“The most significant issue facing the maintenance community in 2010 is financial sustainability,” Aaron Hilkemann, president of Duncan Aviation, told AIN. “As demand decreased this past year, additional incentives were provided to operators. These incentives have reduced or eliminated already low profit margins for many maintenance providers. At the same time, increased regulatory burdens imposed by the FAA and EASA have increased administrative overhead costs for repair stations. Maintenance providers will need to increase their pricing to offset the increased regulatory burdens and generate financial capital for future growth.”
Hilkemann said many maintenance providers reduced staffing levels, salaries or work hours last year when maintenance demand decreased. While it was a necessary evil, it might come back to haunt the industry.
“Retention of quality technicians in the aviation industry and attracting new graduates into this industry will be important for aviation maintenance providers. Other industries will be trying to recruit new college graduates and hire the existing employees of maintenance providers. If the current trend of increased flight hours continues as it has the past few months, maintenance providers will need to increase their staffing levels throughout 2010 to meet demand,” he said. More…
Adding to the economic plight of the MRO industry is the fact that the delivery of new aircraft models in the past few years requires additional investments in tooling and training for maintenance providers, according to Hilkemann.
“The cost of tooling up is significant for each model type and requires additional capital investment by maintenance providers during a time when additional credit is still difficult for many to obtain,” he said.
Sarah MacLeod, executive director of the Aeronautical Repair Station Association, agreed with Hilkemann and expanded on the regulatory issues facing MROs.
“A heavy issue this year is legislation that will be harmful to maintenance organizations. With Congress now essentially running the aviation safety organization known to us as the Federal Aviation Administration, there will be more directives on safety and security. It is imperative that the aviation maintenance industry understand the trend for congressional micromanagement and become politically active. The future of every business, large and small, depends upon the industry’s connection to the political realities.”
The cost of regulatory compliance will continue to increase, she said. “The ability for civil aviation authorities to differentiate between compliance and enforcement is going to diminish as their workforce continues to shrink and the individuals become less knowledgeable about the MRO business. We are going to see increasingly strict enforcement and our companies will suffer from the impact.”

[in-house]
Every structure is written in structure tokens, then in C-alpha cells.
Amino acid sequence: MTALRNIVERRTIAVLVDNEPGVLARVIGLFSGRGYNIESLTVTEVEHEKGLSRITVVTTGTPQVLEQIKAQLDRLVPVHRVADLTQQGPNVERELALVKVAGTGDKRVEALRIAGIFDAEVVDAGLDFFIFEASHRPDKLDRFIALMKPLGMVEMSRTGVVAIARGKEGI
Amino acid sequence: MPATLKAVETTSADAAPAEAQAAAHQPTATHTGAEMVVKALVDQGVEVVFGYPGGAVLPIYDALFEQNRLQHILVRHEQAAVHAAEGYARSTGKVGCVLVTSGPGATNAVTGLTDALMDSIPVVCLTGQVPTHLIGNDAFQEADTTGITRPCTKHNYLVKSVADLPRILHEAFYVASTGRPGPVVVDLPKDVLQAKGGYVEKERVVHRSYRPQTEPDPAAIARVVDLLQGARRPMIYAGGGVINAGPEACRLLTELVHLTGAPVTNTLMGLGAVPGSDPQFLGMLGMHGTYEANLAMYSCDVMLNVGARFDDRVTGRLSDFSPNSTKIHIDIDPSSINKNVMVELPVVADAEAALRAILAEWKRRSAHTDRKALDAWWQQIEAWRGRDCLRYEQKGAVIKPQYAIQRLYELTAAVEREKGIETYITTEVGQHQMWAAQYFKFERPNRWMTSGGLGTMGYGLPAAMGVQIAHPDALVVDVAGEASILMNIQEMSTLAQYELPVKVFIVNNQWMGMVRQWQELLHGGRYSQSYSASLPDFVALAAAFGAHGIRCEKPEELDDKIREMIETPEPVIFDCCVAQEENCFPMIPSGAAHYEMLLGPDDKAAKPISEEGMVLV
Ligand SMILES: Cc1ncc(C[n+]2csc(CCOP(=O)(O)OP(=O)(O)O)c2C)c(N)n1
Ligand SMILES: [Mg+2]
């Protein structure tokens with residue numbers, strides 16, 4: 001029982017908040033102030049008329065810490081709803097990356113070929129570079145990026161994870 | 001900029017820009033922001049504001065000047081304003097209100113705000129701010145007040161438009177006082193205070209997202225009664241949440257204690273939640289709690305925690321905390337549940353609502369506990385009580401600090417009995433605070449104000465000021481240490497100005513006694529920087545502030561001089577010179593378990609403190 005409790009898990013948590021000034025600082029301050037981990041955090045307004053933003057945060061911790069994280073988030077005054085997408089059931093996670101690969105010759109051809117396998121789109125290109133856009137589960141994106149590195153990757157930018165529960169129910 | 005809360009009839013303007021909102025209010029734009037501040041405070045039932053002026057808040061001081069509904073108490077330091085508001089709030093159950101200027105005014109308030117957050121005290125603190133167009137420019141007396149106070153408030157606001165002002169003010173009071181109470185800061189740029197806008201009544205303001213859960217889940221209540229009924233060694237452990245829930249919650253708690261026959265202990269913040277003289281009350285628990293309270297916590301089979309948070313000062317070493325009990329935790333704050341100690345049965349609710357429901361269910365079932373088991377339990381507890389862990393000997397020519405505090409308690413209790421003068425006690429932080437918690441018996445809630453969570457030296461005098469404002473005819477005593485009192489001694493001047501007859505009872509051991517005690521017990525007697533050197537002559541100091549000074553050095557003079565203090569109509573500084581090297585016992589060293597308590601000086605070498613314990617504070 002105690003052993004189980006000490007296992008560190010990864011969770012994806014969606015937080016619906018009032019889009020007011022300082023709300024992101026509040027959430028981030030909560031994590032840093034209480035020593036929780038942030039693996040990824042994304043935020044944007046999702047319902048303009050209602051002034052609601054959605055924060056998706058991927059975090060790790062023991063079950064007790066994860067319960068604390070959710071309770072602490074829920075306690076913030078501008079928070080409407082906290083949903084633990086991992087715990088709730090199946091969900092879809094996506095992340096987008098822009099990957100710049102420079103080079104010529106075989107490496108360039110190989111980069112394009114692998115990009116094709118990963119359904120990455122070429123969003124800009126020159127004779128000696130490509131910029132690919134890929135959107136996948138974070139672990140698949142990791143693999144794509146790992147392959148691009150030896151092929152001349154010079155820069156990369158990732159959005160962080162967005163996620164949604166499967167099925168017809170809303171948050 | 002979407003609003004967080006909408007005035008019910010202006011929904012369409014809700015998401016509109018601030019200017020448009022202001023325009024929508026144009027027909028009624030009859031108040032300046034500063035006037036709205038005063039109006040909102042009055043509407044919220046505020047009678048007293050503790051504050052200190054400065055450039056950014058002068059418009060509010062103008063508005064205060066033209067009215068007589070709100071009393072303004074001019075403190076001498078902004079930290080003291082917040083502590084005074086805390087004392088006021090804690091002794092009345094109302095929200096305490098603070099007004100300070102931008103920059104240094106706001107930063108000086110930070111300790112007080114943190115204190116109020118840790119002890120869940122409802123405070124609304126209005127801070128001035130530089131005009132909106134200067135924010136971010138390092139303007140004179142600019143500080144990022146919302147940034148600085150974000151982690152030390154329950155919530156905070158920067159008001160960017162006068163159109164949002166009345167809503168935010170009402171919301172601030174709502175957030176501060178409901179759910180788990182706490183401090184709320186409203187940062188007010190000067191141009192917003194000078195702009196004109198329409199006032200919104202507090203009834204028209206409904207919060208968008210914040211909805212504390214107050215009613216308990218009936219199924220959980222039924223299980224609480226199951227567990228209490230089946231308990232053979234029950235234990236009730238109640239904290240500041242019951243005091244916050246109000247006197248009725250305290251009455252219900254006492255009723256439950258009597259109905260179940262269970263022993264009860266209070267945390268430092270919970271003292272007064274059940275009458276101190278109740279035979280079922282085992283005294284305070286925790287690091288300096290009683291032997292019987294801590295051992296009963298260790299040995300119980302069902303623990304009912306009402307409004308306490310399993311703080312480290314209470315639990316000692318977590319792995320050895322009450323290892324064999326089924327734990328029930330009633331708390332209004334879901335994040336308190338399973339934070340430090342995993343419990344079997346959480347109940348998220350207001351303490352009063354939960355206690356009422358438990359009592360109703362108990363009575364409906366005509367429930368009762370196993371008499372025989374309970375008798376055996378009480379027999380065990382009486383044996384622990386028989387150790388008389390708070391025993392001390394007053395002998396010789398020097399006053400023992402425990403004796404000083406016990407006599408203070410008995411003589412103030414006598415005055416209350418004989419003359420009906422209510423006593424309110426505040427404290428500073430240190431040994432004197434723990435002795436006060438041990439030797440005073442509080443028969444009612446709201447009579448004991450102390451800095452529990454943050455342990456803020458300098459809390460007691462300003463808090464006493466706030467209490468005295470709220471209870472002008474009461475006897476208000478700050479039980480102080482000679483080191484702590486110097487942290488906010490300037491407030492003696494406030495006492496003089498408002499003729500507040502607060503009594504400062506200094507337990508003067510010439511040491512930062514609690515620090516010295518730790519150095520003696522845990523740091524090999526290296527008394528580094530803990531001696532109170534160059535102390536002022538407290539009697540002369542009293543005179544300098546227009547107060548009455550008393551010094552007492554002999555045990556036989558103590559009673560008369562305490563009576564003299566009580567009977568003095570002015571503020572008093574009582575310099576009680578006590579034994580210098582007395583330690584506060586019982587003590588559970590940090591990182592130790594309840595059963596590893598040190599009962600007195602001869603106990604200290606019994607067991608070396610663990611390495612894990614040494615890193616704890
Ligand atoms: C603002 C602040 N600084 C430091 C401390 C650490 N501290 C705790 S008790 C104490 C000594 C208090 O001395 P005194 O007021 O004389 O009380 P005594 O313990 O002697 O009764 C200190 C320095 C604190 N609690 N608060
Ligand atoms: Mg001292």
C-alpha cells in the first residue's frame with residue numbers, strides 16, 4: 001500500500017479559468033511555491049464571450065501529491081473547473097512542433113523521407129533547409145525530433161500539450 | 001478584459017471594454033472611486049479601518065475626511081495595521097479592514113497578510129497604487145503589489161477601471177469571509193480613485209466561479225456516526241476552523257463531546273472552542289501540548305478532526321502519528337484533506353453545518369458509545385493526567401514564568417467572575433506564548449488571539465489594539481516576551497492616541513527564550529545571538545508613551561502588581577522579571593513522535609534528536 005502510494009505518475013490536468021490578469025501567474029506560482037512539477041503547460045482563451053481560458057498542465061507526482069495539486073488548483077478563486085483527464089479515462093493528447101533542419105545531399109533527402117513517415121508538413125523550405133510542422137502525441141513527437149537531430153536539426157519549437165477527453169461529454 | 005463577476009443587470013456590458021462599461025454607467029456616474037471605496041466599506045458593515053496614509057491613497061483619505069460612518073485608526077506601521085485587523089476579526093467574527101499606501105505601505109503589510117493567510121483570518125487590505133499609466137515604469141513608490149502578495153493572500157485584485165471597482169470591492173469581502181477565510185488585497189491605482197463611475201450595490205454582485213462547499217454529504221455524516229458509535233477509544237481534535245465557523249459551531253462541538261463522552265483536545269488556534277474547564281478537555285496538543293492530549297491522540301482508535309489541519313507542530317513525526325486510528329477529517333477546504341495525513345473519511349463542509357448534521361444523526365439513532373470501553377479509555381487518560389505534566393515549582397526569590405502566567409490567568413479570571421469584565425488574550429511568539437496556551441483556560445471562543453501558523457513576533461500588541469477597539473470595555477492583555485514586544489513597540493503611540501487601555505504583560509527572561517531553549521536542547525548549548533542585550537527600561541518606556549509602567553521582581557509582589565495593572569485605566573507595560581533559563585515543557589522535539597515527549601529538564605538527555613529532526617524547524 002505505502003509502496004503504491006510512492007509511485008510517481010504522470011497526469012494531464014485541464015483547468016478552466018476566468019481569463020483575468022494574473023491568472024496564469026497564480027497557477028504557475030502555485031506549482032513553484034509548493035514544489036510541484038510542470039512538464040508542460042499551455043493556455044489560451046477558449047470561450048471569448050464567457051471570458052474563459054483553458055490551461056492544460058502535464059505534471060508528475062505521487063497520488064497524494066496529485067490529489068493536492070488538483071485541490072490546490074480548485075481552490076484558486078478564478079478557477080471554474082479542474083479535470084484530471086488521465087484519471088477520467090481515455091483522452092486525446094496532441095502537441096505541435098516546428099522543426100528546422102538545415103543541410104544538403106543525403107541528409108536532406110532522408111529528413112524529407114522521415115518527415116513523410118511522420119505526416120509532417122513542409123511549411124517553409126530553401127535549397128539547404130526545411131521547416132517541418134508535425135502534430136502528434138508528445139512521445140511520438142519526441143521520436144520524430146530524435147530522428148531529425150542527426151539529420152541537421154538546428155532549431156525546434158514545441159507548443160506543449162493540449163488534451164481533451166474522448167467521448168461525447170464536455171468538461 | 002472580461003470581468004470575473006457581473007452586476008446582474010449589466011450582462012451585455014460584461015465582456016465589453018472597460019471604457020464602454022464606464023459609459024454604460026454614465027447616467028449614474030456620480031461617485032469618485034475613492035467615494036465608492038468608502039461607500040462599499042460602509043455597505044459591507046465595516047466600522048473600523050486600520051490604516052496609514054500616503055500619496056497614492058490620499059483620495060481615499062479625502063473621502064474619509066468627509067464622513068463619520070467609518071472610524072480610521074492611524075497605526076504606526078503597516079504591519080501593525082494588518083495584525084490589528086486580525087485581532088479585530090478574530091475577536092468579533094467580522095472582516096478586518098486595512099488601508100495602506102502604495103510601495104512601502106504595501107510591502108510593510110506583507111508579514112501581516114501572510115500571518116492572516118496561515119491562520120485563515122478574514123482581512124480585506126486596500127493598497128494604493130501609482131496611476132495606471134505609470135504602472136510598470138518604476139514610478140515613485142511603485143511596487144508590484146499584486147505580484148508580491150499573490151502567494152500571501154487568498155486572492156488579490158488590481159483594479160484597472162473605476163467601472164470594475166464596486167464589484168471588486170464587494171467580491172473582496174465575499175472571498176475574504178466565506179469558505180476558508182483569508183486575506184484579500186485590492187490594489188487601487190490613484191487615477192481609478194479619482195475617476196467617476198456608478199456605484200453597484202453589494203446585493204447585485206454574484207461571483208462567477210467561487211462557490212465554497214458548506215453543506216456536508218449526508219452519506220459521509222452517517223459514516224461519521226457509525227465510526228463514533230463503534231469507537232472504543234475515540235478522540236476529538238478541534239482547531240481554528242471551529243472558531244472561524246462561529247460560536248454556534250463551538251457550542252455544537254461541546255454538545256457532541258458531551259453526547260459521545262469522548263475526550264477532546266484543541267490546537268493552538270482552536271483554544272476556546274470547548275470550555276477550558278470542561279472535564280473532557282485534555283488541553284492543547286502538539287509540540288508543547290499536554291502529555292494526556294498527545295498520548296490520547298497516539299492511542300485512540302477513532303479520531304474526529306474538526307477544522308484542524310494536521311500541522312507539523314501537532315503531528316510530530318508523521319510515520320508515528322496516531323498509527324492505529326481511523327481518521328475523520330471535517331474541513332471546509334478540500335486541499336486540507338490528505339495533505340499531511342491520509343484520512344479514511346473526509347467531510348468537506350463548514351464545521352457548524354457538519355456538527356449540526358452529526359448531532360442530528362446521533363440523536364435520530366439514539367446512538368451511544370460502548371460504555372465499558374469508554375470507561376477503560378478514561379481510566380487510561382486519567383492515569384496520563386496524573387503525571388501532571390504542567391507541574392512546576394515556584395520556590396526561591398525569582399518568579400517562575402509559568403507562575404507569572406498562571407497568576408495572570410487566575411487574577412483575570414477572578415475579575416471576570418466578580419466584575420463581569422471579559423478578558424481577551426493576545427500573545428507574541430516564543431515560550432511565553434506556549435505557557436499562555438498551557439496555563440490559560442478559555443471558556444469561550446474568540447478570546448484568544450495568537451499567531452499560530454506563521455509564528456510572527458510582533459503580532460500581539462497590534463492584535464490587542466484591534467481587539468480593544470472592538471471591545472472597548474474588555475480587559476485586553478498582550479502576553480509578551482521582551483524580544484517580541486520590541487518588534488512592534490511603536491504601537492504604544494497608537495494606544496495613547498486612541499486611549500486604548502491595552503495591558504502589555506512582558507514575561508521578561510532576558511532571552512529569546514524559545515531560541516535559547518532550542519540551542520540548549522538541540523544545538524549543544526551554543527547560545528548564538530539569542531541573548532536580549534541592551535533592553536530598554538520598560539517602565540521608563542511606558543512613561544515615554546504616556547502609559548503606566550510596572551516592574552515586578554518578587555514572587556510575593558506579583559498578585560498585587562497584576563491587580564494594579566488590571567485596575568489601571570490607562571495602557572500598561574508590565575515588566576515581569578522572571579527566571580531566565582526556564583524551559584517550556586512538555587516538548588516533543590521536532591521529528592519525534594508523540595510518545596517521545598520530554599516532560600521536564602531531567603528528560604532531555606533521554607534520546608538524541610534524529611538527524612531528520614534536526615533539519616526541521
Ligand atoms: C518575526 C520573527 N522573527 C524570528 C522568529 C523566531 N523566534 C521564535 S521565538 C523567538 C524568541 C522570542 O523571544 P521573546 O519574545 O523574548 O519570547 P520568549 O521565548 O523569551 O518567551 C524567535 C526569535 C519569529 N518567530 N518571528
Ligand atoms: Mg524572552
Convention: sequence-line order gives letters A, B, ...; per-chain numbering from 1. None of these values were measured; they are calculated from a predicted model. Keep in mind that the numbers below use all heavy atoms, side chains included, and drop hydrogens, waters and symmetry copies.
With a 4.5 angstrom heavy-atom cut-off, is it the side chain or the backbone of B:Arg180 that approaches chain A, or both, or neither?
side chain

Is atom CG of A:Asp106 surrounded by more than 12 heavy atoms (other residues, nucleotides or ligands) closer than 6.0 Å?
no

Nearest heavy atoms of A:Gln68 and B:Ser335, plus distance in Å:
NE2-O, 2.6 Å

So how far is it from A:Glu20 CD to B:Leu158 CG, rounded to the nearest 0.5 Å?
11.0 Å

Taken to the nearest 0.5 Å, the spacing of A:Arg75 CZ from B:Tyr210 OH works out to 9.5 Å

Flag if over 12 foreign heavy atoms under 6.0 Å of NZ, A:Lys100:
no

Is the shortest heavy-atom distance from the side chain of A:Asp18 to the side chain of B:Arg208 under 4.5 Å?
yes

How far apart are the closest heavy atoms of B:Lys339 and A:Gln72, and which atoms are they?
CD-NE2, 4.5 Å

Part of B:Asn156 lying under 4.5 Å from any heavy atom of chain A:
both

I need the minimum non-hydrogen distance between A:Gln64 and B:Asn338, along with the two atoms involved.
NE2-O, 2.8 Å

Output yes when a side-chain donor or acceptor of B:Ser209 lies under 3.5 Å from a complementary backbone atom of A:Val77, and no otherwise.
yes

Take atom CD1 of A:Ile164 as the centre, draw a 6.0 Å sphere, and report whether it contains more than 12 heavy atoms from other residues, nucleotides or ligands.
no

MacLeod also expanded on Hilkemann’s concern about the workforce. “There is a marked attrition of knowledgeable workforce members at both the mid-level management and in technical positions due to retirement and other reasons. Whether or not a company is going to grow or remain the same size will have a lot to do with available workforce. Even worse, the tribal knowledge within the workforce is shrinking. We are raising our children to be leaders and we are losing our blue-collar workforce.” She also expressed concern that the unions are not helping with apprenticeship programs. “Union members who are retiring and leaving the industry don’t appear to be interested in sharing their knowledge either.”
Brad Townsend, chairman of the NBAA Maintenance Committee, has been grappling with those issues for a long time.
“I’m most concerned about non-compliance,” he said. “The FAA Safety Team (Faast) did some research and found that aviation fatalities are more closely linked to technician mistakes than pilot mistakes. That’s a blight on our industry and we have created a think tank to address it and other problems.
“Our committee has partnered with the FAA’s Flight Standards Service-aircraft maintenance division and the Faast to discuss non-compliance issues, categorize them, address the problems and offer solutions through various venues such as NBAA’s maintenance management conference.
Townsend regards attracting new blood into the industry as a major goal and contends that a solution must include the means to foster retention of maintenance professionals.
“We’ve got solutions for those problems such as Project Bootstrap, which is an industrial certification process facilitating professional advancement, and [the Business Aviation Standard of Education], the education standard for business aviation as opposed to training. Maintenance professionals need more than technical training; they need a rounded professional education program,” he said.
Townsend also cited NBAA’s Tracs (technical rewards and career scholarship) program, which provides scholarships for new technicians, unemployed existing technicians and Part 147 instructors.
The limited number of new student starts in aviation maintenance still translates into many of the graduates going to the airlines when they’re hiring rather than to business aviation. “That’s the purpose of Tracs. We’ll give maintenance students a free scholarship to attend a business aviation maintenance course, and typically once they work on one of our aircraft they decide to stay in business aviation,” he said.